In South Africa, we hold two types of Field Trial competitions for Pointing breeds, 1) the British Breed Field Trials, and 2) the Hunt, Point and Retrieve breed Field Trials.
Both types of Field Trials (British or HPR) in South Africa are run on natural game as closely as possible to a real-time hunt as can be.
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Field Trials
Field Trials
Field Trial Standards
- In the British breed trials, those birds that are found are "saluted" by the handler with a blank shot. Read more.

- In the
HPR breed trials a minimum number of pointed birds are shot by designated guns in order to assess the dog's land retrieving ability, and a water retrieve is also required. Read more.

- In both types of trial, three qualified Judges assess the dogs over a period of one to two days, according to the highest
standards of performance, in order to find the winning and placing dogs. Typically, 1st - 3rd Places and a few Certificates of Merit are awarded in each Stake. Read more.
The sport of field Trialling with Pointing Dogs in South Africa is 105 years old. The South African Field Trial Club was founded in 1908. It was a logical development out of wingshooting over pointing dogs. Claims by owners of dogs or their naturally biased friends as to who owned the best gundog could be settled until the next Field Trial.

The formation of the Border Field Trial Club followed in 1945, the Natal Field Trial Club in 1980 and our Western Cape Field Trial Club in 2000. It is ironic that we are the newest kids on the block given that there is a proud history of wingshooting over pointing dogs in the Western Cape, especially in the Overberg.

The most important aspect of our trials is that it is on natural game under normal hunting conditions. We do try to make the best of the prevailing climatic conditions, but do not have trials under contrived circumstances in homogenous fields. (An example of this would be that if a certain beat can be run into the wind, it will if logistically possible, etc.)

Our trials are designed to ensure that a championship dog on average gets about one to one and a half hours of exposure to the panel of judges from its commencement until the stake is complete. This is done in rounds and is subject to a draw until round three.

Thus the names of the competing dogs are drawn in pairs taking care that they belong to different handlers. They are taken to a suitable venue. The duration of the time that a brace of 2 dogs is down is announced prior to the commencement of the round (10-20 minutes on average). Each contestant is handed a gun. Game is not shot, merely saluted. They are asked to proceed on foot. There are 3 judges and a field steward. Generally one judge each 'tags' a handler and the Chief Judge aspires to get as much of an overall view as possible. At the end of a round (all the braces) the performances are discussed by the judges and the dogs with eliminating faults (such as chasing, breaking to shot, etc.) are left out of the draw for the next round of braces. After the first two rounds dogs can be eliminated for faults less severe than described eliminating faults. Dogs are eliminated, it is not a head on in the brace, in fact the first brace of the day can end up being placed first and second for the entire two day trial. At the end of the two or more day trial the aim is to decide which few dogs in what order would one take along to hunt that terrain under those circumstances for those days. It's as simple as that. ("I would take that dog, then that one and that one and then those two for spares") is what the panel is actually saying at the conclusion of the stake. The verdict is reached by consensus.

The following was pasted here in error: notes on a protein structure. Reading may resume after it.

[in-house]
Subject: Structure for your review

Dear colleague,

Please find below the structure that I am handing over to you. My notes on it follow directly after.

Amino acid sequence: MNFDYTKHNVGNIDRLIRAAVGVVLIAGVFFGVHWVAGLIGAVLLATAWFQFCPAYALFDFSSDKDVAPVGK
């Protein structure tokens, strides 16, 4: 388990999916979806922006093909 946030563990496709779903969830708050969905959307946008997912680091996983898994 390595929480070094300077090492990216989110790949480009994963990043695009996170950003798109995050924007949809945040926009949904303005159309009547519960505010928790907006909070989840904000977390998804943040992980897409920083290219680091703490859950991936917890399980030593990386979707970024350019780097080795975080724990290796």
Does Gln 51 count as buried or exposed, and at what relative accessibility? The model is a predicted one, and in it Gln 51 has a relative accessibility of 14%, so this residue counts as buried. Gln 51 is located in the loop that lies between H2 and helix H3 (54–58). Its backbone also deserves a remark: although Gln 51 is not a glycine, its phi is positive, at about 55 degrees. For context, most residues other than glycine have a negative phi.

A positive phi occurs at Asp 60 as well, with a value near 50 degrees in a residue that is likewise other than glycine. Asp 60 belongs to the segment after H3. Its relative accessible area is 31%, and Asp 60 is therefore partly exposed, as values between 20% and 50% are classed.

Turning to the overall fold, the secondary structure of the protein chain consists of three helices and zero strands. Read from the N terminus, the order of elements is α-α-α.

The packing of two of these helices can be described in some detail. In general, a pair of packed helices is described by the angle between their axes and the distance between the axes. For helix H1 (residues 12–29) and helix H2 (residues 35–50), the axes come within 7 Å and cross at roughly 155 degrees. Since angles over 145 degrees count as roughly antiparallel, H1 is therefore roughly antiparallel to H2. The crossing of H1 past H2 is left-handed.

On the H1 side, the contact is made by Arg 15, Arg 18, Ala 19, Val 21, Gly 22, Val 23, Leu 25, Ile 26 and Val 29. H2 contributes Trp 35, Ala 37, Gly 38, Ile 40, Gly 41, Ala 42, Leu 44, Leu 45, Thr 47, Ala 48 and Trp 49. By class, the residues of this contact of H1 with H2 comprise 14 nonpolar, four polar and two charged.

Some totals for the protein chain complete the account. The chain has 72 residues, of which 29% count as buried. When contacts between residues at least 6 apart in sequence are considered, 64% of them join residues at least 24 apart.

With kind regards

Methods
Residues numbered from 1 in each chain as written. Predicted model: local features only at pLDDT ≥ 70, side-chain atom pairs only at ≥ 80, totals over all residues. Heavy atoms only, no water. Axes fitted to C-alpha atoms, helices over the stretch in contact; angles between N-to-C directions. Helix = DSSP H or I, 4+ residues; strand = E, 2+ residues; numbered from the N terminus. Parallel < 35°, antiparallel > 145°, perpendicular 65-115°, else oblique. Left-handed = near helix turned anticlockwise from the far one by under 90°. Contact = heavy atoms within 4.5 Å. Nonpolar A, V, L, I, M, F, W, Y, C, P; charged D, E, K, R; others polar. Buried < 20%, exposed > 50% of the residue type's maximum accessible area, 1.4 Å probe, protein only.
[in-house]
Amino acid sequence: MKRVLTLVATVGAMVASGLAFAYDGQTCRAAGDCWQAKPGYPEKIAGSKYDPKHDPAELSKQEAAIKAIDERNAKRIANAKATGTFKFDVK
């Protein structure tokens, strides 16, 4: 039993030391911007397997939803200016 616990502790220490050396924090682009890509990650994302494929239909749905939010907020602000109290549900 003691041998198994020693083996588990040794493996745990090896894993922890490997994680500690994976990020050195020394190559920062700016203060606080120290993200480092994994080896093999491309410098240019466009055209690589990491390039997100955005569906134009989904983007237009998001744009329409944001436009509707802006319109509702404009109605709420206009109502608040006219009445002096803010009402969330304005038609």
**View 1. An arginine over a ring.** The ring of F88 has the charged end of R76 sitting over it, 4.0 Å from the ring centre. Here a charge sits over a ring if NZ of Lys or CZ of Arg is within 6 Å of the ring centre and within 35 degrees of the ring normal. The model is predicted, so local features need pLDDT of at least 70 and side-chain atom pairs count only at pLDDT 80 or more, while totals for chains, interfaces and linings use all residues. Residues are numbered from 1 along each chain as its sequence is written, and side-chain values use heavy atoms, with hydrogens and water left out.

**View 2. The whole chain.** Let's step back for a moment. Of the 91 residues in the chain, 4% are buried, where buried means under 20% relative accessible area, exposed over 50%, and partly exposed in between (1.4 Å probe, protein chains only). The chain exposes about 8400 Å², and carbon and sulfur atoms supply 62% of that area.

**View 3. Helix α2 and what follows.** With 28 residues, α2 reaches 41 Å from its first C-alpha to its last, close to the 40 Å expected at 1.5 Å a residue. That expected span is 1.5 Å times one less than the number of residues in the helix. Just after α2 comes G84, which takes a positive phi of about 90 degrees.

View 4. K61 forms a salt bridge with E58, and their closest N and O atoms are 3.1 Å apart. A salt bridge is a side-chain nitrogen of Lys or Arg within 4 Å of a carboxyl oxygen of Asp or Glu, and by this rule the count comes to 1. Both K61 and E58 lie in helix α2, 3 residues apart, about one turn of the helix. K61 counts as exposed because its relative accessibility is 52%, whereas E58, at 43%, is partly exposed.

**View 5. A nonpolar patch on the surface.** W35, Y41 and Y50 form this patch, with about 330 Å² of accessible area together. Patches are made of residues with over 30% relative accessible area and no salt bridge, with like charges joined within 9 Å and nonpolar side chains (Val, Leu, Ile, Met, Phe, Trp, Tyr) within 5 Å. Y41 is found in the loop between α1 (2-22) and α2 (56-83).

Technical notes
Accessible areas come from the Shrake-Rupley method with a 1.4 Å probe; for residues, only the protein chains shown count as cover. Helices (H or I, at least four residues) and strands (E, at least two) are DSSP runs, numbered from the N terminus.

Judges look for dogs that hunt energetically with enthusiasm, make good use of the wind, terrain and circumstances. It must complement the handler and be in harmony with him or her. It must master the birds and serve them to the gun in a practical way. Style is important but not the be-all and end- all - it must be pleasing.

"To watch a fine pointing dog in action, rimming the field edges with a graceful, ground-devouring stride, is to be mesmerised. And to see
it strike point is to witness one of the most breathtaking- and definitive - acts in the universe of sport." Tom Davis
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